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The Inequality Accelerator

Author

Listed:
  • Roberto Pancrazi

    (University of Warwick)

  • Eric Mengus

    (HEC Paris)

Abstract

We show that the transition from an economy characterized by idiosyncratic income shocks and incomplete markets a la Aiyagari (1994) to markets where state-contingent assets are available but costly (in order to purchase a contingent asset, households have to pay a fixed participation cost) leads to a large increase of wealth inequality. Using a standard calibration our model can match a Gini of 0.93 close to the level of wealth inequality observed in the US. In addition, under this level of participation costs, wealth inequality is particularly sensitive to income inequality. We label this phenomenon as the Inequality Accelerator. We demonstrate how costly access to contingent asset-markets generates these effects. The key insight stems from the non-monotonic relationship between wealth and desired degree of insurance, in an economy with participation costs. Poor borrowing constrained households remain uninsured, middle-class households are almost perfectly insured, while rich households decide to self-insure by purchasing risk-free assets. This feature of households’ risk management has crucial effects in asset prices, wealth inequality, and social mobility.

Suggested Citation

  • Roberto Pancrazi & Eric Mengus, 2016. "The Inequality Accelerator," 2016 Meeting Papers 851, Society for Economic Dynamics.
  • Handle: RePEc:red:sed016:851
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    References listed on IDEAS

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    3. Carvajal, Andrés & Polemarchakis, Herakles, 2011. "Idiosyncratic risk and financial policy," Journal of Economic Theory, Elsevier, vol. 146(4), pages 1569-1597, July.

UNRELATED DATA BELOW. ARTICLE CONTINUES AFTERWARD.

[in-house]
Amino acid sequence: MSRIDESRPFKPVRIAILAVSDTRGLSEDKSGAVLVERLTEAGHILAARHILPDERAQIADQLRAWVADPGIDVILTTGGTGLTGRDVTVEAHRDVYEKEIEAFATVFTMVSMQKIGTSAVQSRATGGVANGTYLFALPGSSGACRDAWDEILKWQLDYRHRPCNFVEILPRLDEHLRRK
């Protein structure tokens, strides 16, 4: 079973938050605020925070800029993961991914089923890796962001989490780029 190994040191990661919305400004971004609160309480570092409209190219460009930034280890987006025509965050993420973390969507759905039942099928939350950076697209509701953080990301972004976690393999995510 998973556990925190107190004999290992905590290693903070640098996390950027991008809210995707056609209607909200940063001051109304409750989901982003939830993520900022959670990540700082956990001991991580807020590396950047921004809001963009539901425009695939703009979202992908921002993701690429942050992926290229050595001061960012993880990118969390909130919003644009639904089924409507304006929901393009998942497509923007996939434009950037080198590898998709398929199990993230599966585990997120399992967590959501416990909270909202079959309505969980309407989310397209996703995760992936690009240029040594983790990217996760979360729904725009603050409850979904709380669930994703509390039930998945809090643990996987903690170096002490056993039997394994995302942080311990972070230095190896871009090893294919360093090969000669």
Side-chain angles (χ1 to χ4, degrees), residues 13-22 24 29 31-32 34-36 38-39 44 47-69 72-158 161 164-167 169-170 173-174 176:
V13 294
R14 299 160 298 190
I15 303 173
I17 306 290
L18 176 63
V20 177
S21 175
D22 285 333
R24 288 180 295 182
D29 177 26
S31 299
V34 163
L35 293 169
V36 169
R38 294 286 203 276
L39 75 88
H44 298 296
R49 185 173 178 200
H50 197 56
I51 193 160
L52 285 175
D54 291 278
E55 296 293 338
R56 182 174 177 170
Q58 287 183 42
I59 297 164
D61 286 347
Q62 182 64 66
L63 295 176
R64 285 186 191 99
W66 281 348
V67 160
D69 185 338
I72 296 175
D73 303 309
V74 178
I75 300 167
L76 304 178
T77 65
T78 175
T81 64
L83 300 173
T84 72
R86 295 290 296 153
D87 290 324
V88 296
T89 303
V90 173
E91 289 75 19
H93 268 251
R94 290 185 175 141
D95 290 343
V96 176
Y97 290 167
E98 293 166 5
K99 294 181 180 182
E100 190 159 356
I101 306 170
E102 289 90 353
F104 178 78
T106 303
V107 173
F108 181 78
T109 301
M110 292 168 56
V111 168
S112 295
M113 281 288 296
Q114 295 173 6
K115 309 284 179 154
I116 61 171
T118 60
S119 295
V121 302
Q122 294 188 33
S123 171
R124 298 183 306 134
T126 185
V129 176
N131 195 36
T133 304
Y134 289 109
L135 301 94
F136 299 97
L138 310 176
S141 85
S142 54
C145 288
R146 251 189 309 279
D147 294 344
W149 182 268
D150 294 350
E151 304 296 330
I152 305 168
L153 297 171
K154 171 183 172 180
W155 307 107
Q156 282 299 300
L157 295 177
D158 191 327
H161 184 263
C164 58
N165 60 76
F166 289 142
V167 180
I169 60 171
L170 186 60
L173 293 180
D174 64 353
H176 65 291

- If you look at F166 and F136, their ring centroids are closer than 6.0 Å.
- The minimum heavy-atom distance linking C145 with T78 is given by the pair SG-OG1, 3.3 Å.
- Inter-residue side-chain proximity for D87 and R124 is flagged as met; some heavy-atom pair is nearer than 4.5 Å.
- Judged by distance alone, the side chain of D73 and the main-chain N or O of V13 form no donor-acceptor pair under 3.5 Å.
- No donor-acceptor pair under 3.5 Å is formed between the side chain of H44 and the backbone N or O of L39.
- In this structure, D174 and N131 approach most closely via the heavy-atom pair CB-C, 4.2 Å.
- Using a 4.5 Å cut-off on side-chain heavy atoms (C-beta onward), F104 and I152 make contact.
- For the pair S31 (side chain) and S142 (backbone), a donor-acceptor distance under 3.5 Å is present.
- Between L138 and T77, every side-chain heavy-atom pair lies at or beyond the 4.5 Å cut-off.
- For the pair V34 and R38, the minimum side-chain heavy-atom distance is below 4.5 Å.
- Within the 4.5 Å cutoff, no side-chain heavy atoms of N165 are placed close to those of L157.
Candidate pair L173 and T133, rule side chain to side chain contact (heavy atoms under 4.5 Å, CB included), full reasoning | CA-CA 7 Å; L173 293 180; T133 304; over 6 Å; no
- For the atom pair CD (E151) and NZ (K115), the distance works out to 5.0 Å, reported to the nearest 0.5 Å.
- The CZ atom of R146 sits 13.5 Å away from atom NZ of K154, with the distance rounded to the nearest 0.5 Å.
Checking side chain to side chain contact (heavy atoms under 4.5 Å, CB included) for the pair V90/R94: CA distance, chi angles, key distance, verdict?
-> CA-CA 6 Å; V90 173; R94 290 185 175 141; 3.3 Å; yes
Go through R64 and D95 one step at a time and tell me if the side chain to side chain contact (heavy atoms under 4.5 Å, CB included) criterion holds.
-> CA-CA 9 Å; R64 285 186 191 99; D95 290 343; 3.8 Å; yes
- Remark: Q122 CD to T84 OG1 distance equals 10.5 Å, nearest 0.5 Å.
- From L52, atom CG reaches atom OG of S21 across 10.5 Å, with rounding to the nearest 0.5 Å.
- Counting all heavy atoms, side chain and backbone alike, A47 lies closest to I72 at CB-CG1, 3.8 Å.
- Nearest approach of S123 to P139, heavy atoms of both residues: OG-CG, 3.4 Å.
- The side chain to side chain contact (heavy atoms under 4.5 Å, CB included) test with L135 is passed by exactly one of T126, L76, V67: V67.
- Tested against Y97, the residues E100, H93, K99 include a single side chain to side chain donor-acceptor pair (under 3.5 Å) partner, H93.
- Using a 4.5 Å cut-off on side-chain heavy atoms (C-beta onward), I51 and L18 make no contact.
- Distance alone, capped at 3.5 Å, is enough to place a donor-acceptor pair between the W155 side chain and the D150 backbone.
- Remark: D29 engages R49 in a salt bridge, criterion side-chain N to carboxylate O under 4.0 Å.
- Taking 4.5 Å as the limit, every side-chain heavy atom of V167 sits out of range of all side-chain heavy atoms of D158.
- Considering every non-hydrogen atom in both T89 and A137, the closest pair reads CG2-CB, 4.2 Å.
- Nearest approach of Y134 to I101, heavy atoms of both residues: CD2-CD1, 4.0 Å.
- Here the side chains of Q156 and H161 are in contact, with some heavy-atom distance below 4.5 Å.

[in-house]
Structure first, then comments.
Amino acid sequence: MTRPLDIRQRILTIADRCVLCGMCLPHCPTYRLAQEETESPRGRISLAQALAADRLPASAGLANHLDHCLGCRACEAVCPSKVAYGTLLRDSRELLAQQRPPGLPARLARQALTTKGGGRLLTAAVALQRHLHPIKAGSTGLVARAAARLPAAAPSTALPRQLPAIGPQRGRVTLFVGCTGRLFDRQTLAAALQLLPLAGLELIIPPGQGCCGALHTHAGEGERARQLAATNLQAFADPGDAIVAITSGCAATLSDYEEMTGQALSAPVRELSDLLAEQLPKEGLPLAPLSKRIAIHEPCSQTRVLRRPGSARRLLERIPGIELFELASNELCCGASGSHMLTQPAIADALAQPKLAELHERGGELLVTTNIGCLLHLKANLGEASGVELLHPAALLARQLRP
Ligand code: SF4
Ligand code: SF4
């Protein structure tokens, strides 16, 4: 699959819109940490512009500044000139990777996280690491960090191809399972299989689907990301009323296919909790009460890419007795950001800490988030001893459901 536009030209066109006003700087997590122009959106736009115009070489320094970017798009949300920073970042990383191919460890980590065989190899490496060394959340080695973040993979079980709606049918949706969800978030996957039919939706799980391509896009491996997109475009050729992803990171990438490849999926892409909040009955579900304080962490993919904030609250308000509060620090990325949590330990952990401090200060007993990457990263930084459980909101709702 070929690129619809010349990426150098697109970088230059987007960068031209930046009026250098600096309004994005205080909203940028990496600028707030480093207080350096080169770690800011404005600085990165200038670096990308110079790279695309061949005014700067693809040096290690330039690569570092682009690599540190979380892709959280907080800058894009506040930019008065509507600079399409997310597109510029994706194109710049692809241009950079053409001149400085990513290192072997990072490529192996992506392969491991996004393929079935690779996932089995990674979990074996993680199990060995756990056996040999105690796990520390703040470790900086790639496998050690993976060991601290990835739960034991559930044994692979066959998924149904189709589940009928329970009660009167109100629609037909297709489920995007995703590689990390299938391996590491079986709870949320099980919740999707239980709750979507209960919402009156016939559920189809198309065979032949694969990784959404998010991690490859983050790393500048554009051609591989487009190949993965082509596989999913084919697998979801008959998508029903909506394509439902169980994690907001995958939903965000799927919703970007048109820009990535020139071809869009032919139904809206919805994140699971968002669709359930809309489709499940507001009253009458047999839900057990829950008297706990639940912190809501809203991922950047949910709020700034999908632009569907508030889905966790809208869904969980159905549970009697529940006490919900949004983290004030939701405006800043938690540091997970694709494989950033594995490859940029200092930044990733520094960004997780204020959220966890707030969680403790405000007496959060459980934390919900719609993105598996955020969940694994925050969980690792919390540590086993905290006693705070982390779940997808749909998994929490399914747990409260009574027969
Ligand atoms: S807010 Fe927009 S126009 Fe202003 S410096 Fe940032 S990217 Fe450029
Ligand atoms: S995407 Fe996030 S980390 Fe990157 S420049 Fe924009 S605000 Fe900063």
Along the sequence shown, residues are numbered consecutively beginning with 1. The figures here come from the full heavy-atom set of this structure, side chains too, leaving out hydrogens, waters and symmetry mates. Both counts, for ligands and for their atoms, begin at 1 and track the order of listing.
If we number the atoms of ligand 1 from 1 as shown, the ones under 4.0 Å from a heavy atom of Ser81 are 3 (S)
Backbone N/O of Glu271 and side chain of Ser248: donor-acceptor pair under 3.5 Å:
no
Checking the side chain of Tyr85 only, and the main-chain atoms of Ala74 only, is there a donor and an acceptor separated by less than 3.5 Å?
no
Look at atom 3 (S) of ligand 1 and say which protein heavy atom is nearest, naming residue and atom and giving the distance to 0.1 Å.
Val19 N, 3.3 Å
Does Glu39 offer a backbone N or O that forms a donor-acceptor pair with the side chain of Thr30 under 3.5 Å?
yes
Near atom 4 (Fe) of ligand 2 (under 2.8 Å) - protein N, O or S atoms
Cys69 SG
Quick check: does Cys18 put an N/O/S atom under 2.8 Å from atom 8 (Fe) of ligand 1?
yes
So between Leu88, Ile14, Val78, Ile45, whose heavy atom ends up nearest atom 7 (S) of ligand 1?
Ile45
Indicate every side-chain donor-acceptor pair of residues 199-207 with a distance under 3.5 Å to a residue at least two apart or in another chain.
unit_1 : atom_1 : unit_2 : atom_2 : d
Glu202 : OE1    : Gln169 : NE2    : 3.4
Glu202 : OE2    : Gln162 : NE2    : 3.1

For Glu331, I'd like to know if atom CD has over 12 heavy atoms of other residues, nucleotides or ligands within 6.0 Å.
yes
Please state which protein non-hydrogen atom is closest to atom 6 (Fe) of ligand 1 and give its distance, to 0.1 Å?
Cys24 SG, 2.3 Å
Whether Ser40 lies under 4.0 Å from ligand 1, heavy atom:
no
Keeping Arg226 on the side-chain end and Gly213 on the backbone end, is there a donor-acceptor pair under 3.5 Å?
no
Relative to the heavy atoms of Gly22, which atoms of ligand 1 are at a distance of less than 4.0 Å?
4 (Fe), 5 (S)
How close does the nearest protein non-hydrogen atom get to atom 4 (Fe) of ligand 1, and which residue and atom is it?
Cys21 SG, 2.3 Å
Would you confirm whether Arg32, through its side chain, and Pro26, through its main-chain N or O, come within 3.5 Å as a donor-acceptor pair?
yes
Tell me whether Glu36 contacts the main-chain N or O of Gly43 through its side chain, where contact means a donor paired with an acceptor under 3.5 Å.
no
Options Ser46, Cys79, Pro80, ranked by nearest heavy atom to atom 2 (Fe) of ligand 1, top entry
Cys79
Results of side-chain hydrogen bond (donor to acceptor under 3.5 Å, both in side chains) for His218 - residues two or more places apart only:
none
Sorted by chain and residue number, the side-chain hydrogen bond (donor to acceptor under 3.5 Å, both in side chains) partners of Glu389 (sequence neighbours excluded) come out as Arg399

4. S. Rao Aiyagari, 1994. "Uninsured Idiosyncratic Risk and Aggregate Saving," The Quarterly Journal of Economics, Oxford University Press, vol. 109(3), pages 659-684.
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    7. Saez, Emmanuel & Zucman, Gabriel, 2014. "Wealth Inequality in the United States since 1913: Evidence from Capitalized Income Tax Data," CEPR Discussion Papers 10227, C.E.P.R. Discussion Papers.
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    11. Grande, Giuseppe & Ventura, Luigi, 2002. "Labor income and risky assets under market incompleteness: Evidence from Italian data," Journal of Banking & Finance, Elsevier, vol. 26(2-3), pages 597-620, March.
    12. Mark Aguiar & Mark Bils, 2015. "Has Consumption Inequality Mirrored Income Inequality?," American Economic Review, American Economic Association, vol. 105(9), pages 2725-2756, September.
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    Citations

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    Cited by:

    1. Edouard Challe & Xavier Ragot, 2013. "Precautionary Saving over the Business Cycle," Working Papers hal-00843150, HAL.
    2. repec:red:issued:16-340 is not listed on IDEAS
    3. Edouard Challe & Xavier Ragot, 2016. "Precautionary Saving Over the Business Cycle," Economic Journal, Royal Economic Society, vol. 126(590), pages 135-164, February.
    4. Mariacristina De Nardi & Giulio Fella, 2017. "Saving and Wealth Inequality," Review of Economic Dynamics, Elsevier for the Society for Economic Dynamics, vol. 26, pages 280-300, October.
    5. Villarreal, Francisco G., 2016. "Monetary policy and inequality under household heterogeneity and incomplete markets," MPRA Paper 82780, University Library of Munich, Germany.

    More about this item

    JEL classification:

    • D31 - Microeconomics - - Distribution - - - Personal Income and Wealth Distribution
    • E21 - Macroeconomics and Monetary Economics - - Consumption, Saving, Production, Employment, and Investment - - - Consumption; Saving; Wealth
    • G11 - Financial Economics - - General Financial Markets - - - Portfolio Choice; Investment Decisions

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